The Real Scandal Over Buying an Education
The recent college admissions scandal reaffirms that in the United States you can buy better education—legally and illegally.
While financial resources and a better education share an obvious connection, for decades a small but powerful cadre of researchers has argued that money doesn’t matter for educational success. This trope has been music to the fiscal conservatives’ ears. The usual suspects pulled in to testify against funding increases for public education include Eric Hanushek from the conservative Hoover Institute at Stanford. Hanushek has served as an expert witness in state school finance lawsuits, for example, arguing that money makes no difference in improving outcomes and opportunities.
But momentum is growing to change the conversation about school finance in American education. A recent report by the Center on Budget and Policy Priorities found that protests by teachers and others last year helped lead to substantial increases in school funding, although that funding increases may be short lived, and are still well below 2008 spending levels. In Texas, which leads the nation in the post-recession school finance spending gap, general education funding is a full 20 percent below where it stood in 2008.
Predominantly white school districts receive $23 billion more than predominantly non-white districts—an average of $2,200 per student.
Research is catching up to what is not exactly a well-kept secret: the nicer house an American family can buy, the better public school that family will have access to. While conservative politicians and a group of influential researchers were claiming that money didn’t matter for educational success, in practice, states spent less on the education of poor and minority students on purpose, while the wealthy enjoyed better-funded schools.
A recent study by the nonprofit EdBuild found that predominantly white school districts receive $23 billion more than predominantly non-white districts—that’s an average of $2,200 per student. Wealthy districts have even grabbed 20 percent of the Title I funds that were meant for low-income districts.
The implications of these cuts are lifelong for the students. A groundbreaking 2016 Northwestern study on school spending and student outcomes found that low-income children whose schools received a 10 percent increase in per pupil spending each year for all twelve years of public school had a higher school completion rate, and that students earned 7 percent higher wages once they’d joined the workforce, and experienced a reduction in the incidence of adult poverty. They also determined that funding increases have a more pronounced positive impact for children from low-income families. The increased funding, according to the study, was associated with reduced student-to-teacher ratios, increased teacher salaries, and more extended academic semesters.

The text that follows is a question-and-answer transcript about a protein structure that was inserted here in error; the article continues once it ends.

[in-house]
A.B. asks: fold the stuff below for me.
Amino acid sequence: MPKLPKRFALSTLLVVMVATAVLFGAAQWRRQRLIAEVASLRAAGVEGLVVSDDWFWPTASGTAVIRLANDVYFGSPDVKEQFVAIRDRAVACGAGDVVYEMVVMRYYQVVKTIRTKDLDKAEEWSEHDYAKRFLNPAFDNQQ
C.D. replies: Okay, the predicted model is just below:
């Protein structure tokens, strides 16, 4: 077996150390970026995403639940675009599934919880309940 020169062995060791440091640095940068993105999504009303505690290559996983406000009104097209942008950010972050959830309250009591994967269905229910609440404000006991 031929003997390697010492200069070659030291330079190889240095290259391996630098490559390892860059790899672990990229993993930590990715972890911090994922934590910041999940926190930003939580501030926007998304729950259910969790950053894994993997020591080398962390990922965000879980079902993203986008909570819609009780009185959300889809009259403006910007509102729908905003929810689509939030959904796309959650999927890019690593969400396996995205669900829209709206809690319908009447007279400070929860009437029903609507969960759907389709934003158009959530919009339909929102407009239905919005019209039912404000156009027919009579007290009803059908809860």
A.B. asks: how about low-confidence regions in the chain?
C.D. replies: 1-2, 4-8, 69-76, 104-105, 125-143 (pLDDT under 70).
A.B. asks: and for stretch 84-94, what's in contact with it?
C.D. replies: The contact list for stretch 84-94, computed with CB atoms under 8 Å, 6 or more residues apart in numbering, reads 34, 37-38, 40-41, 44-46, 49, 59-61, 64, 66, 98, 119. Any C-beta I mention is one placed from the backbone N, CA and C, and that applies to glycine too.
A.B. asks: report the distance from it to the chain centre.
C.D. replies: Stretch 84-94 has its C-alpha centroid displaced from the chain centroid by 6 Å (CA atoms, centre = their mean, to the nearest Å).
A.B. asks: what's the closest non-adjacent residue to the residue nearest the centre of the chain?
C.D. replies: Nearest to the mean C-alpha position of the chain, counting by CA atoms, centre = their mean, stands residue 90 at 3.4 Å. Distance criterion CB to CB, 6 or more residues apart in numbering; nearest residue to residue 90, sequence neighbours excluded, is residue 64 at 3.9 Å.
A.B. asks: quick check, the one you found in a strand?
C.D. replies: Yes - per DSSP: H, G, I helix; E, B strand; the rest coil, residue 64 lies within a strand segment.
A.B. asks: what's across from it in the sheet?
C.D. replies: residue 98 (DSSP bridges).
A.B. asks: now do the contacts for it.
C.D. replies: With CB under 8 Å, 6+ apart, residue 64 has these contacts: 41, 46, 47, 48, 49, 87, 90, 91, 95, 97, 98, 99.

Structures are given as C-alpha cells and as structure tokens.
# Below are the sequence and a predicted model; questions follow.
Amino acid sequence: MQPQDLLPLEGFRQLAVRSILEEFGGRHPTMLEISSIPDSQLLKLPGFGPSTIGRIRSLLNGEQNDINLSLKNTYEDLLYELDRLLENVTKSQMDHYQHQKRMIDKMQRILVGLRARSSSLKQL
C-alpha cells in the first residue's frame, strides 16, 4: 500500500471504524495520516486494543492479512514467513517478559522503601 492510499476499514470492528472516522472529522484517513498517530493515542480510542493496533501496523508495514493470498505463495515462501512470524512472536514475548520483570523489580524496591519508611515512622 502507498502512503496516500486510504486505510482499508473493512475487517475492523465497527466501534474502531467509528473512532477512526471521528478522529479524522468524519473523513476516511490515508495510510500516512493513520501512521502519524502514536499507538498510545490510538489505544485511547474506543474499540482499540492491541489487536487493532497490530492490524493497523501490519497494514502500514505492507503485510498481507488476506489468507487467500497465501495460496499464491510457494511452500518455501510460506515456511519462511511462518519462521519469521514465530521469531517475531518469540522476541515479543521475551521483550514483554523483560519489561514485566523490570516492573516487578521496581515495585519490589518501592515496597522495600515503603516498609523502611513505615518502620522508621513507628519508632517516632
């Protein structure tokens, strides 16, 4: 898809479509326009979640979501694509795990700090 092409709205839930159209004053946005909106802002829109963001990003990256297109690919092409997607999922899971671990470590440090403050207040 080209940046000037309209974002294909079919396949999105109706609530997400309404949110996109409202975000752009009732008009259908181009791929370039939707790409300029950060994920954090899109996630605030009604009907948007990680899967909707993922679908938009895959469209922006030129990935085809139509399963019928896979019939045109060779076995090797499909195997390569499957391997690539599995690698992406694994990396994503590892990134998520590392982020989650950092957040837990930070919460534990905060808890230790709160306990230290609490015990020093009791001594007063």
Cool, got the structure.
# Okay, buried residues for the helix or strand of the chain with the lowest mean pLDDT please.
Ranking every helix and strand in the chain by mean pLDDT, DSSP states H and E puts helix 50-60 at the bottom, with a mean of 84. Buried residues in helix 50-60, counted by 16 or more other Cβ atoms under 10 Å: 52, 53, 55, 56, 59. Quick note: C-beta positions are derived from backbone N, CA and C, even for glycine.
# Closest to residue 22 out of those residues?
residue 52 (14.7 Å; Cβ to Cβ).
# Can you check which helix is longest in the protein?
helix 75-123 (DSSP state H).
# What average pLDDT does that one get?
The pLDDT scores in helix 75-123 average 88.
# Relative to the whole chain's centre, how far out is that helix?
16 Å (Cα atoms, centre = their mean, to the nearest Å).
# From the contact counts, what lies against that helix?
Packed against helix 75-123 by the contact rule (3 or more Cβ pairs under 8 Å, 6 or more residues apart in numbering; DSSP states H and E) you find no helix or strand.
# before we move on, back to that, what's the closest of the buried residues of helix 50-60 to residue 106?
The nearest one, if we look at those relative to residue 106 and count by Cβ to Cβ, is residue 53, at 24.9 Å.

The education policy discourse in the Trump era has been focused on empowering school choice while remaining silent about the intentional inequality of financial resources that plagues low-income schools in the United States. Now, at least, the latest research reveals the inequality and the positive impacts of properly funding schools.
The wealthy have had too much influence and have stacked the deck against low-income districts, schools, and students. We must substantially change the political conversation about education policy away from school choice to resource inequality if we are to offer a quality education to every student in the United States.
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